Having the right line-up is essential. Some missions will allow you to take five knights, but most only allow four. Often you’ll meet other characters in the field who will join you. Some stay with you after and some don’t. For example, in one mission you’ll fight alongside another legendary Dark Ages figure, but she won’t join you at Camelot when you’re done.
The combat is brutal and satisfying, but even on the standard difficulty I found it very unforgiving. Obviously how you outfit your knights and which skills you unlock (as each class has its own tree) play a major part, but the enemy hit hard and you will almost always be outnumbered at least two-to-one. Having played through Chapter One twice before during early access, I dropped the difficulty to Story and breezed through the combat, but I didn’t mind. The jump back up to normal was brutal, but I was more invested in the story and building up my citadel than the actual combat.
Story-wise, King Arthur: Knight’s Tale is strong. The writing is solid, and although most of the characters are pretty unlikeable, it’s an intentional choice. These characters are hardened by decades of fighting and, in many cases, dying. They don’t trust one another, and many subplots involve a betrayal of some form or another. There’s sibling rivalry, jealousy, vengeance, and a healthy dose of fantasy horror thrown in. For the most part the voice work is good, although every time Sir Yvaine speaks I want to break something. His voice actor delivers every line like he’s reading the weather and it’s so bad it’s jarring alongside everyone else, especially the likes of Ector and Kay.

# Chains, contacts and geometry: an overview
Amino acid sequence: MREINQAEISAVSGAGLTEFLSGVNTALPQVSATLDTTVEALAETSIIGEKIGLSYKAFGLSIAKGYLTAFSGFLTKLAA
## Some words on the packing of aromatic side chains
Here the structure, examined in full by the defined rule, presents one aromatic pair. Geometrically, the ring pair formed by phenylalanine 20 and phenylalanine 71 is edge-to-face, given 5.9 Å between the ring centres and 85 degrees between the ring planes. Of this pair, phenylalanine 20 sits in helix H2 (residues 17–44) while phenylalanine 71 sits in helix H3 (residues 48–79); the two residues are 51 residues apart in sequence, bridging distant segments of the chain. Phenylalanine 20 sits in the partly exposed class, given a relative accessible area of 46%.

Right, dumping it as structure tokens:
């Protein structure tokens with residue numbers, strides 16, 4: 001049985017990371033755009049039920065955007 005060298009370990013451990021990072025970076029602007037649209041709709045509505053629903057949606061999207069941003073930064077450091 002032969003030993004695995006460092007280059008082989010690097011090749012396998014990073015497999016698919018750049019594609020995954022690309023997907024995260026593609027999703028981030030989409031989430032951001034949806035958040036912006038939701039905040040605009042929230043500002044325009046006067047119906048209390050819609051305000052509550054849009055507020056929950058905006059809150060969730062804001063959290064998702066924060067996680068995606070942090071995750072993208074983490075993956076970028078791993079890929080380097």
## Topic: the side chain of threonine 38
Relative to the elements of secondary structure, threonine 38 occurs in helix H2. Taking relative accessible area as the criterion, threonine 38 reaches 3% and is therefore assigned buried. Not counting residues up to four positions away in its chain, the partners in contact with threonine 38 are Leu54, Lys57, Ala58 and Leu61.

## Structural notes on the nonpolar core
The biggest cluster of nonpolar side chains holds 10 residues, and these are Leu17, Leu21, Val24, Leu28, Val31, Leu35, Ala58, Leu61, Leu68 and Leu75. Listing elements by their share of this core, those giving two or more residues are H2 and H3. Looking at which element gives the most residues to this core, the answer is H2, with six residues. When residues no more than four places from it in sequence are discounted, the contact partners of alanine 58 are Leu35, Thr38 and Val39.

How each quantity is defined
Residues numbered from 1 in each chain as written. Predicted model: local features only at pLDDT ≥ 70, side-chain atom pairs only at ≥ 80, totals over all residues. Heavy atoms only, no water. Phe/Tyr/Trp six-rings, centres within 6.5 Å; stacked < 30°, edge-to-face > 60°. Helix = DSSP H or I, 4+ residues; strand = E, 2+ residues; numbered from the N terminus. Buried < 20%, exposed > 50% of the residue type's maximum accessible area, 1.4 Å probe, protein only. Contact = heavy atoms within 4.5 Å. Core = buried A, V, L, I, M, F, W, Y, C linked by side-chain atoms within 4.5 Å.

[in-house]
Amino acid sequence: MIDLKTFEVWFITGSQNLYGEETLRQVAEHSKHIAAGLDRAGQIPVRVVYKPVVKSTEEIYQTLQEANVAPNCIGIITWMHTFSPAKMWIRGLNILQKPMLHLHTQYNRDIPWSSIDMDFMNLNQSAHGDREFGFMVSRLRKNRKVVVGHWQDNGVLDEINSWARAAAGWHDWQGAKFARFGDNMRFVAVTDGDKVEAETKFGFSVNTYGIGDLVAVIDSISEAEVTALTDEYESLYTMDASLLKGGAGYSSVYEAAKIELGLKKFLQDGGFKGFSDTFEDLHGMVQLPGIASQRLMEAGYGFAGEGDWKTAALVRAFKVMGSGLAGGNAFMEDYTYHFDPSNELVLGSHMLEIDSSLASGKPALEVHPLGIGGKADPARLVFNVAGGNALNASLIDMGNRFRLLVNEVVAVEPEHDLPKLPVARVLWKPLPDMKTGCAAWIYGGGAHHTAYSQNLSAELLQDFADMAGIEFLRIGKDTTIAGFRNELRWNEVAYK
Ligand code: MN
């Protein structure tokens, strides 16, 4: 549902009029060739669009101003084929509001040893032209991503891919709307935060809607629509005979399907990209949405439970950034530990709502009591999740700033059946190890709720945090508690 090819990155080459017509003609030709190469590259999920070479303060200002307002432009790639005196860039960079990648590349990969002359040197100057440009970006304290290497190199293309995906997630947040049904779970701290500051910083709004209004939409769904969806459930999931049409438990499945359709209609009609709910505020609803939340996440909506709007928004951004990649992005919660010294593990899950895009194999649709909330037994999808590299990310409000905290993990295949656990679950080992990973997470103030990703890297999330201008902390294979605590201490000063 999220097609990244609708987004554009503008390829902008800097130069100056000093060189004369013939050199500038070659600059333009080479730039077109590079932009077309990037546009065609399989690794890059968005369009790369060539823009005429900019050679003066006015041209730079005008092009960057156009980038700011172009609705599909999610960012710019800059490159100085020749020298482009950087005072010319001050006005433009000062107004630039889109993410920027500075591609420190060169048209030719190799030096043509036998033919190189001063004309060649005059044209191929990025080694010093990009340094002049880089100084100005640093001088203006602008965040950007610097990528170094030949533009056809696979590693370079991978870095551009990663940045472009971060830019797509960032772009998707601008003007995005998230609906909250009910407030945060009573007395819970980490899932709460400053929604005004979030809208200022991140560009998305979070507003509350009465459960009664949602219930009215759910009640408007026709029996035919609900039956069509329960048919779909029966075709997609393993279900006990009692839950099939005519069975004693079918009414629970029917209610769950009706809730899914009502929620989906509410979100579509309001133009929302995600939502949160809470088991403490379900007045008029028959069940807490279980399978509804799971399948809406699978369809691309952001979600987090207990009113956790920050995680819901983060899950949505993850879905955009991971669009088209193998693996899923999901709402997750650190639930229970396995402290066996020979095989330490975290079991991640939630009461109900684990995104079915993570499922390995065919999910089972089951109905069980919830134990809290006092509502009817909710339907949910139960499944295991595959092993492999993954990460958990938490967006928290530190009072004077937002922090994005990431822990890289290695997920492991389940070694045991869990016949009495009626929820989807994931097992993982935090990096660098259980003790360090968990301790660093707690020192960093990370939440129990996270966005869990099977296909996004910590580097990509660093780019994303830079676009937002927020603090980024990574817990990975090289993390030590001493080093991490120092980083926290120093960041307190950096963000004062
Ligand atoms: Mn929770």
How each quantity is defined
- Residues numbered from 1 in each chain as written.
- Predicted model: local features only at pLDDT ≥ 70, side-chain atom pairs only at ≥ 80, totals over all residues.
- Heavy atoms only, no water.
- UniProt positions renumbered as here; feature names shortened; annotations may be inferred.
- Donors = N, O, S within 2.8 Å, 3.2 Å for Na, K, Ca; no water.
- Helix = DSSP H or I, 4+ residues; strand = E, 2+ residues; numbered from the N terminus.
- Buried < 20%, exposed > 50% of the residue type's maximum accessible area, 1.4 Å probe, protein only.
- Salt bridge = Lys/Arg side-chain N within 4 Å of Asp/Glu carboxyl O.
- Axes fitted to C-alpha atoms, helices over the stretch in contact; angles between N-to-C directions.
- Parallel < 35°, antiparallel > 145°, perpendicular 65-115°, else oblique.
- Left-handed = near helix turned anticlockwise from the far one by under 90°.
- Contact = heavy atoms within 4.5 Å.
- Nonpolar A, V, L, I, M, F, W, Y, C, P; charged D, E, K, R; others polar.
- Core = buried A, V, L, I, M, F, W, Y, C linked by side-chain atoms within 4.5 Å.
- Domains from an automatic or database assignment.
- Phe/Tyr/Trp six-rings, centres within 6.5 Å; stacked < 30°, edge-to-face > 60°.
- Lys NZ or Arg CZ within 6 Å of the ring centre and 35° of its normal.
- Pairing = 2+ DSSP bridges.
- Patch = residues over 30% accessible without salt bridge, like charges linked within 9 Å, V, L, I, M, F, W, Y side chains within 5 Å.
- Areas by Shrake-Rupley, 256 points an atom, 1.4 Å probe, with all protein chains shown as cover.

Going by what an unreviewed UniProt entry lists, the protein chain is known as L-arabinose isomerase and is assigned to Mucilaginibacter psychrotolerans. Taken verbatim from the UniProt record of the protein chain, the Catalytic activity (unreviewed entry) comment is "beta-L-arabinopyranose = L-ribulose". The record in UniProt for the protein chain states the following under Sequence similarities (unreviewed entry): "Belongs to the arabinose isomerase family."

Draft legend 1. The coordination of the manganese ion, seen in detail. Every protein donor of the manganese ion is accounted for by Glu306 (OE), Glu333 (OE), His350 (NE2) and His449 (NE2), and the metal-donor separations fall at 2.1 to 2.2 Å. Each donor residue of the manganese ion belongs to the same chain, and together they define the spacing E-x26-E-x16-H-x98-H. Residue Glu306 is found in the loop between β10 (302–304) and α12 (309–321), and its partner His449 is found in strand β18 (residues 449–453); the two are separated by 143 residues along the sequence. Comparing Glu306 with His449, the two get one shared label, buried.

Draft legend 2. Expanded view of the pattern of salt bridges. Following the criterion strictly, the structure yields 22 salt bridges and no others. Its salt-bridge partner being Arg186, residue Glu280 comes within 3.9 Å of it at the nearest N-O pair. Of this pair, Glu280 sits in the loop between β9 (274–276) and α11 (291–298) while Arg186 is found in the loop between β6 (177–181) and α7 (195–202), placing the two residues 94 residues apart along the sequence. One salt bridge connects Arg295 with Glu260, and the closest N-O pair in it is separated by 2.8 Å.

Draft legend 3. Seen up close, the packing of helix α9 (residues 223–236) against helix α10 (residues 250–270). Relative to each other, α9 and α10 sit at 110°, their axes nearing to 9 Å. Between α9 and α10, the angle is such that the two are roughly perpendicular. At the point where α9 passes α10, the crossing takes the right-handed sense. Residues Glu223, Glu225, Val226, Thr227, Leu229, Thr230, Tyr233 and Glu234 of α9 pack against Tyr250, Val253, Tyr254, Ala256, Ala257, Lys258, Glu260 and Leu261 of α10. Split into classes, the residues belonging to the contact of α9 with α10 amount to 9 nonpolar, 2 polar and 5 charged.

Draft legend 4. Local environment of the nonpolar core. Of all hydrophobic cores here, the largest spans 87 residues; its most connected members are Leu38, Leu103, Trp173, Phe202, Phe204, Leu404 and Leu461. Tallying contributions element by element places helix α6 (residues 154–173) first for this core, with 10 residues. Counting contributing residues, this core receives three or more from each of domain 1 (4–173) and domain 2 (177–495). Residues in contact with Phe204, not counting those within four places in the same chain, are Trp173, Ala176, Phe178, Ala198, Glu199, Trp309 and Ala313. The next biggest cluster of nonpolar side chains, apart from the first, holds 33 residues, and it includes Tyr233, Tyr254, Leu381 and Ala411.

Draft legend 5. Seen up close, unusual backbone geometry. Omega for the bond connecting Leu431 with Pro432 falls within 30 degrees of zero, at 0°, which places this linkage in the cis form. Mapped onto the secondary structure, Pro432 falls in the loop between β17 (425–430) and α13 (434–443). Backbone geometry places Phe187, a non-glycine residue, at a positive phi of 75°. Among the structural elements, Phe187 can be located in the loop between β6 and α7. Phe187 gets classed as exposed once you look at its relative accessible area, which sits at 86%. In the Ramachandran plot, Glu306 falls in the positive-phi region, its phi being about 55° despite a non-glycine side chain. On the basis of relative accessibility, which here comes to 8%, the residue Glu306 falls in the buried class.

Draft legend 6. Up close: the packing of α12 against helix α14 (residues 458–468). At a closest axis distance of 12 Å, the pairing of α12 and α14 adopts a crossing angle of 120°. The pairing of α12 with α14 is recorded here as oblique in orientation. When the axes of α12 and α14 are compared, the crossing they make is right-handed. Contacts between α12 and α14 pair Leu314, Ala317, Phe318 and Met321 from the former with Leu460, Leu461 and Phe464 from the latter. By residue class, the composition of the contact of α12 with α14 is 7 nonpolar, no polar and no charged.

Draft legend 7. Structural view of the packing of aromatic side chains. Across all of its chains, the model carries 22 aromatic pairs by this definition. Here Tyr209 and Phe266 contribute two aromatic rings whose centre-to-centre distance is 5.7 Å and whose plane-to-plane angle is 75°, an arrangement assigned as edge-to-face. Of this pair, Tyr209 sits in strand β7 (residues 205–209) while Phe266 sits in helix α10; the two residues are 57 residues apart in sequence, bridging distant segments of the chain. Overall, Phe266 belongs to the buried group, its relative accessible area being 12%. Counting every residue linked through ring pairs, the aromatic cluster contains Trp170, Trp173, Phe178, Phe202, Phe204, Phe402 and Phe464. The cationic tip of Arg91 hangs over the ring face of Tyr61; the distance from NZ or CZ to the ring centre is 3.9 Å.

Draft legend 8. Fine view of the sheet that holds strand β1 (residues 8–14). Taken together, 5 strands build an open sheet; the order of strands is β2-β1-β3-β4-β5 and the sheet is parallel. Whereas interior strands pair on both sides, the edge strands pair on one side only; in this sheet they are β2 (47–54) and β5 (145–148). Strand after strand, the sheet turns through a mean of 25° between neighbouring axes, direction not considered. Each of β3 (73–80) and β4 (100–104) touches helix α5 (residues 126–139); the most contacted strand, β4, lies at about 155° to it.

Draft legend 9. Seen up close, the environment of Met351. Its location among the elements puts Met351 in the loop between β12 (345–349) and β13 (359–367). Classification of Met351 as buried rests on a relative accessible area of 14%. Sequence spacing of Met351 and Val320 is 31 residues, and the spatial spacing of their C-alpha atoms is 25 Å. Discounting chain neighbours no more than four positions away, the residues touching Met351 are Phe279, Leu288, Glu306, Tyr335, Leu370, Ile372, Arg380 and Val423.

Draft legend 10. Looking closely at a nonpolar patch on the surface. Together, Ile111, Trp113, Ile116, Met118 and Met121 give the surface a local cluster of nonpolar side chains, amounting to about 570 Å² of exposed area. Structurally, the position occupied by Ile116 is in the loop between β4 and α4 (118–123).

After a while the repeated use of certain maps and assets takes its toll on the attention. There’s only so many times you can trudge through swampy forests and foresty swamps, ruined cathedrals and ramshackle villages. It’s often more fun to spend money and resources in Camelot, unlocking the various wings of the citadel to create a training ground and hospice, a cathedral and a marketplace. Here you assign Knights to oversee each area, granting a buff, and you can also issue laws and decrees.
King Arthur Knight’s Tale: Grim and gritty
Many actions affect the four-way morality metre. You’ll be pulled between Protector and Tyrant, Christianity and Old Faith. Where you sit on the chart will determine which Knights you unlock, as well as buffs, items and events. I played mostly as a good Christian just because I wanted to unlock Lancelot, but you could skew the complete opposite way for characters like Morgana.
Neocore should be proud of what they’ve achieved here. King Arthur: Knight’s Tale is a great game, frothing with atmosphere and detail. The cutscenes are excellent (although on a few occasions the sound de-synced, annoyingly), and the writing is consistently engaging. There aren’t many likeable characters, and yet there are occasional spikes of dark humour regardless.
Combat is fun and satisfying, with difficulty options to suit any player and enough looting, exploring, fighting and base-management to keep the action fresh and the pace high. A little more variety in locations wouldn’t go amiss, but aside that King Arthur: Knight’s Tale is a grim, compelling take on the legend of Camelot.
Combat is satisfying
Enjoyable gameplay loop
Locations are samey
Some audio glitches